Now a $532 billion industry, Malkan sheds light into the potentially harmful chemicals used in our everyday products and which companies are dedicated to changing their formulations. All women and men should read this book and become familiar with the products we use, including the personal care products we use on our children. If there is one thing I took away, it’s that health and safety is no longer just about the food we ingest. We should be questioning everything and reading all ingredient labels. That includes body wash, baby bubble bath, baby wipes and everything else that touches our bodies.

One caveat-I would love to see an updated version of the book. Since it was published in 2007, some statistics are out of date but nonetheless, this is a powerful read!

Modern Love, Edited by Daniel Jones

Modern Love is a collection of essays that were previously run in the New York Times “Modern Love” column. I found out about the book after hearing about the series on Amazon Prime. Immediately, I started with Amy Krouse Rosenthal’s essay, You May Want to Marry My Husband (page 134 if you’d like to skip right to it). It was so beautifully written and I found myself crying while reading her words. Although I can easily connect to other people’s stories and often find similarities with my own, I don’t often cry about them. This was different. It is a truly unforgettable story and was on my mind for weeks after I read it. I don’t want to give too much away because I think you should experience the author’s story for the first time as you read it for yourself. I will say that I read it again a few days later out loud to Julian and I could barely get through the words without choking up. Rosenthal also wrote the children’s book, Dear Girl, which I read often to Perry and now think about the author and her story.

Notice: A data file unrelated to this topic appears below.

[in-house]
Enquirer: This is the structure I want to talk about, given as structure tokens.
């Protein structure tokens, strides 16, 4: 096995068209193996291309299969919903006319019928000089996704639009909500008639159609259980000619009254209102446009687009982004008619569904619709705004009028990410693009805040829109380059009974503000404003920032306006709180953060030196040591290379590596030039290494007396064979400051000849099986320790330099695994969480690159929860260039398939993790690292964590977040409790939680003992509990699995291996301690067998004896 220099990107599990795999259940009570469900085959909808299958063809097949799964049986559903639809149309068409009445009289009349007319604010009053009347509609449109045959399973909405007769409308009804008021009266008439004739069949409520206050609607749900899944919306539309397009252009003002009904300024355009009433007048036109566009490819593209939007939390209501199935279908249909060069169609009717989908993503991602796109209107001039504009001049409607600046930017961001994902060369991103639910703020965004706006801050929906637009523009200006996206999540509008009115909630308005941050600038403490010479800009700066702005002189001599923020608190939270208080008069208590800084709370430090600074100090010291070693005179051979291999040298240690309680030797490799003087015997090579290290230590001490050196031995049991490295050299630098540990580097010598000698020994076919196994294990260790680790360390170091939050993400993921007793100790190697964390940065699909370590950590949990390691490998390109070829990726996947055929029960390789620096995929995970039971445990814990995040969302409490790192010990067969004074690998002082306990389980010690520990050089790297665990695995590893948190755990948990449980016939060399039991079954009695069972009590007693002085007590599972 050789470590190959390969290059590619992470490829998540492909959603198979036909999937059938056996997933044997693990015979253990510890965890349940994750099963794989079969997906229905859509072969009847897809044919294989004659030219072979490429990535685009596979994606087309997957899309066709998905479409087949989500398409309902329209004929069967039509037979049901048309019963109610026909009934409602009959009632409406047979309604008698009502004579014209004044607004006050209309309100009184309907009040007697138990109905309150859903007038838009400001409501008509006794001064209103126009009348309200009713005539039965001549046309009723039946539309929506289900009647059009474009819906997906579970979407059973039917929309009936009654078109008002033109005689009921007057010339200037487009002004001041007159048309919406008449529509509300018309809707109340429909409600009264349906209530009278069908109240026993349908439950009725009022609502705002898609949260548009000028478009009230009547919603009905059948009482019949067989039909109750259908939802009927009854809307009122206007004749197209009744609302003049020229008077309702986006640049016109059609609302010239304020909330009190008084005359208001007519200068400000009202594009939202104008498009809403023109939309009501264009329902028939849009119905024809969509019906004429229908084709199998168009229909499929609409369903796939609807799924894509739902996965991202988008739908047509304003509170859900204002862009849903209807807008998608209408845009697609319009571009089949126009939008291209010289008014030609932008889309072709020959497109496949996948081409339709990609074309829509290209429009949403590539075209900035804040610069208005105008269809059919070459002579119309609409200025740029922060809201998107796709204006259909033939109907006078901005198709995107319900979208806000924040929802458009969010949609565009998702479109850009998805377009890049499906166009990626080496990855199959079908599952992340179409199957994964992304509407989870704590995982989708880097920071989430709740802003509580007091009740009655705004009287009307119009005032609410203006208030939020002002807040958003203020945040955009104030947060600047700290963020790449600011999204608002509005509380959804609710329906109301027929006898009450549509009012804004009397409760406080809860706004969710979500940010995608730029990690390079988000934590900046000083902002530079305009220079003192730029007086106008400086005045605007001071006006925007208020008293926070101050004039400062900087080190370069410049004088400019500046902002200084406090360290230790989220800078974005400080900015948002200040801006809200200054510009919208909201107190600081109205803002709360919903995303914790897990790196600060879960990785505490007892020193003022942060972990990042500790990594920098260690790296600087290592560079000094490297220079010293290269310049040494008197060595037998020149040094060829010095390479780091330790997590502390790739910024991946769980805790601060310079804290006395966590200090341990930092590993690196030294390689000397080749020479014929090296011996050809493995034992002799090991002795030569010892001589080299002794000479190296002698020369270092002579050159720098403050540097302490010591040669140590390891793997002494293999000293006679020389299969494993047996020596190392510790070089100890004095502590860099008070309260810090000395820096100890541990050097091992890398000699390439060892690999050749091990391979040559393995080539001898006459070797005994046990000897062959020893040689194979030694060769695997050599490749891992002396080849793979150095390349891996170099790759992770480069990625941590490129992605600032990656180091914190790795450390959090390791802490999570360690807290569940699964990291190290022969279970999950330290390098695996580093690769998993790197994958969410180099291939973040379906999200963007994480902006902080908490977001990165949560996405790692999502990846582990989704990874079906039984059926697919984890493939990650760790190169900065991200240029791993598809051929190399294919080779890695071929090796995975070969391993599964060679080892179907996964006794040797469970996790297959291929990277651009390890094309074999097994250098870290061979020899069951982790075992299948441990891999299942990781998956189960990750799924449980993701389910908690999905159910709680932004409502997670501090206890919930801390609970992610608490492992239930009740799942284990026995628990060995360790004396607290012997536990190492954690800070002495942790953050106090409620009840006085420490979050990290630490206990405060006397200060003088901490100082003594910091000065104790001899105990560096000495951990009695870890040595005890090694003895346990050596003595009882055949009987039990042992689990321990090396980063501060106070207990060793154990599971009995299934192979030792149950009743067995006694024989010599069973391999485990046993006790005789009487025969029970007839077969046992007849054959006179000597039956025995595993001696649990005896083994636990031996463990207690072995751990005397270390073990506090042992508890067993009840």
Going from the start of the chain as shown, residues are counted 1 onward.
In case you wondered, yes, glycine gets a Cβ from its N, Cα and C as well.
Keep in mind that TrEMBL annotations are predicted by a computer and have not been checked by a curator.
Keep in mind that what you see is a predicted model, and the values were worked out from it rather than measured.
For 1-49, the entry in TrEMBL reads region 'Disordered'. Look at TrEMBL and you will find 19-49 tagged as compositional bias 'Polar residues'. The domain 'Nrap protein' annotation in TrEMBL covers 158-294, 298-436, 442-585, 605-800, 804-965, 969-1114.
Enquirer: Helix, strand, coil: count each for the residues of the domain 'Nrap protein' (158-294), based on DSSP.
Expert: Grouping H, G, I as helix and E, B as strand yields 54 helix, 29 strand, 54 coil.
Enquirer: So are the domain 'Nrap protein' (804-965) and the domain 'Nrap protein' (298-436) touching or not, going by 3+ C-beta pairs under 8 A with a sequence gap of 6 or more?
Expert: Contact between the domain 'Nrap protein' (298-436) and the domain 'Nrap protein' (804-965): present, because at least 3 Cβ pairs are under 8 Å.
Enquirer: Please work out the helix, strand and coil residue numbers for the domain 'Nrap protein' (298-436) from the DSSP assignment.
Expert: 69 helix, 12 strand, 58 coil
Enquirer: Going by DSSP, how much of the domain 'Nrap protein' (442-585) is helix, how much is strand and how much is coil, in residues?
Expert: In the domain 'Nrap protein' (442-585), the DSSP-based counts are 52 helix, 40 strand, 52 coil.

Another beautiful essay that I can’t forget it Now I Need a Place to Hide Away, by Ann Hood. You’ll never be able to hear another Beatles song without thinking of this story. Fortunately, the collection of essays is more not just about stories that make you cry, although there are plenty of those. Some love stories are about ghosting or the effect of parenthood on a marriage and keeping score, and others are simply universal struggles that affect anyone who has ever fallen in love, in any form. It’s an emotional read with essays you’ll find yourself thinking about at random times of the day long after finishing the book.